DxO the company associated with DXO Optics Pro RAW conversion and for it’s popular camera sensor rating scores has released their first hardware product based on a coupling with the Apple iPhone and iPad devices with lightning connector.
The camera attaches in the thunderbolt charging port and lets you swivel the phone or tablet screen for easier viewing angles. The power of the camera comes from what could be the highest quality portable device camera to date. The RAW and Super RAW modes claim unprecedented image quality with scores in RAW mode of 70 DxO points and in Super RAW of 85 points. In contrast the original full frame Canon 5D Mark 1 only gathered a sensor score of 71 in RAW mode. While the results show a clear progression in sensor technology they simply cannot match the aesthetics of a full frame sensor with a 1″ inch sensor.
The sample images look gorgeous from its 20.2MP (5406X3604) sensor. With great dynamic range and low noise and artifacts. It will be a matter of further study as to how good the camera performs compared to similar mirror-less cameras of today with larger sensors. However just looking at the DxO samples here it is easy to be impressed.
The camera offers the sharing capabilities that you would expect for social media with any modern portable device. It will be easy to share newly created images with the DXO One.
The camera is capable of also shooting 1080p 30fps and 720p at 120fps giving it a 4x slow motion effect when slowed down to 30p. As to the quality of the footage with no real samples available we can’t tell how it will perform. If you have an iPhone 6 or 6 plus for example you are better off with the up to 240fps modes in the phone interface but at the cost of aliasing and moire from the resolution drop. If the DxO 120fps 720p mode offers clean output; it will probably be the best slow motion on an Apple device.
The Specs for the DxO One:
- SENSOR TYPE: CMOS – BSI (13.2X8.8MM) 1 Inch 20.2MP FOCAL
- LENGTH: 11.9mm (equivalent 32mm in full frame)
- LENS COVER:Integrated, sliding (on/off)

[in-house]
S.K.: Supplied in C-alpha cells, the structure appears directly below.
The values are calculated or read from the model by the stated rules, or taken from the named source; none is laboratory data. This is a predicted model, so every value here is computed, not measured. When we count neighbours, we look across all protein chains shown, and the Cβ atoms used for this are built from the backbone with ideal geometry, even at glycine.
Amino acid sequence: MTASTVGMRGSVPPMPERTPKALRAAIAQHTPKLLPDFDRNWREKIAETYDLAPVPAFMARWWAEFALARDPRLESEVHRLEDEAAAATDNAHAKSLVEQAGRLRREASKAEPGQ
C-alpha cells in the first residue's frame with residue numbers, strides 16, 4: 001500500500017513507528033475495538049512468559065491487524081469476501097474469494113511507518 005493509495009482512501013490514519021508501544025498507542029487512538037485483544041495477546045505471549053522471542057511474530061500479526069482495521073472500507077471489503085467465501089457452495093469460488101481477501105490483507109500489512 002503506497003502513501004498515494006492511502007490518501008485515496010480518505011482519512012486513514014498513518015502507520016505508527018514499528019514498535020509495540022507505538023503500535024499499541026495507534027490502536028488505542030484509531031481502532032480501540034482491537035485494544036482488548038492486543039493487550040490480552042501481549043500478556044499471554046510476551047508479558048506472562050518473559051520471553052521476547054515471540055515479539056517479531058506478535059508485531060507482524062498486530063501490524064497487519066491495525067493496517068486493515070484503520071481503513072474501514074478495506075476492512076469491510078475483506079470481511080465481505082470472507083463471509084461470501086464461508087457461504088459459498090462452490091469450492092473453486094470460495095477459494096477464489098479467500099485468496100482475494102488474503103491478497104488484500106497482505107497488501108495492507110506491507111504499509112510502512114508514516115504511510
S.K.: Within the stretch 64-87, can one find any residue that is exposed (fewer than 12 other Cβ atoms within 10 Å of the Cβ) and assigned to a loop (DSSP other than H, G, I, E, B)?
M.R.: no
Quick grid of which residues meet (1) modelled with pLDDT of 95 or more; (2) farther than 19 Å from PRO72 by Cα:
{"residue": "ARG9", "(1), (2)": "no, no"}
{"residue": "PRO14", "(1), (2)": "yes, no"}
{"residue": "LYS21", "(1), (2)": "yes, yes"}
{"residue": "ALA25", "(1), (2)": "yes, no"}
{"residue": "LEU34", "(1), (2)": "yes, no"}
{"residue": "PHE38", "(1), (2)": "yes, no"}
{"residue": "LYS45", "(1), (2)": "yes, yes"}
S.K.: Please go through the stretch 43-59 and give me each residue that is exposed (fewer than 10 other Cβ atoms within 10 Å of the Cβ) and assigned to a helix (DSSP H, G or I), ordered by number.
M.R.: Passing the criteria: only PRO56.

- APERTURE: f/1.8 adjustable down to f/11 (6 blade iris)
- OLED: Settings display, touch control
- ISO RANGE: From ISO 100 to ISO 51200 (Hi 2)
- SHUTTER SPEED: From 1/8000 to 15s
- IMAGE STABILIZATION: Electronic (for video)
- CAMERA MODES: Auto, Sports, Portrait, Landscape, Night, Program, Av, Tv, Manual, Selfie
- VIDEO MODES: 1080p (30 fps), 720p (120fps)***
- FILE FORMATS: .JPG, .DNG, .DxO (SuperRAW™), .MOV (H.264)
- FOCUS RANGE: 20cm – infinity
- AUTOFOCUS: Contrast detect, using face-detection
- FOCUS MODES: Single-shot, continuous, tap-to-focus
- METERING MODES: Spot, center weighted, multi-zone ZOOM: Digital 3x
- MICRO USB PORT: USB 2 (power charging, mass storage connection)
- LIGHTNING CONNECTOR: Retractable/collapsible, +/- 60º rotation
- SCREEN SIZE: Varies, function of connected iDevice between 4” and 9.7”
- STORAGE TYPE: microSD UHS-I U3 (not included)
- ORIENTATION: Gyroscope + accelerometer
- BATTERY TYPE: Integrated lithium ion
- BATTERY LIFE: 200 photos
- WEIGHT: 3.8oz (108g)
DIMENSIONS: 67.5 x 48.85 x 26.25 mm
COMPATIBLE WITH: iPhone 6 Plus, iPhone 6, iPhone 5s, iPhone 5c, iPhone 5, iPad Air 2, iPad mini 3, iPad Air, iPad mini 2, iPad (4th gen), iOS 8 or later
The camera interface is full of real manual controls and what you would expect from a real pro camera. The flexibility of using the touch screen on iPhone or iPad lets you have a large or small interface screen at your disposal at any time.
The lens is a fixed focal 11.9mm f 1.8 equivalent to 32mm in full frame terms. No zoom but a very bright aperture.
As an iOS device all of the Android world is left in the cold, as to an Android based One we surely can’t tell if it will ever surface. What is not entirely clear is what will compel users of mirror-less systems and other small cameras that can deliver comparable or better image quality to get a DxO One module.
The iPhone is very popular as a camera because it can deliver great quality in an ultra portable package, by attaching a DXO One module you are increasing complexity and lowering portability for an increase in quality. Even when it is a substantial gain with RAW imaging at a price of MSRP $599.00 it can be a difficult proposition. With cameras that offer similar image quality and interchangeable lenses in that price range it is a difficult sell as it also requires an iOS device to work with.
The battery life at 200 pictures is ok but not stellar, 400 would have been ideal. However the reasoning is that you usually don’t take more than a handful of pictures with a phone in a typical day and even 100 pictures is a stretch. In that view it is competitive and not too different from other ultra compacts.
As to whether the DxO One will be a hit it is too early to tell but it surely can deliver the image quality necessary to appeal to a niche of photographers looking for more performance from their iPhone. As a slow motion solution it just can’t compete with Apple’s iPhone 6 or Sony’s latest offerings. An interesting camera with an uncertain future, maybe with a few tweaks in future models like zoom, better video like 4k and higher frame rates, Android support; it could become a camera that can really bring something to the the average phone user that performs circles around their built in camera with the added benefit of being portable across future phone upgrades.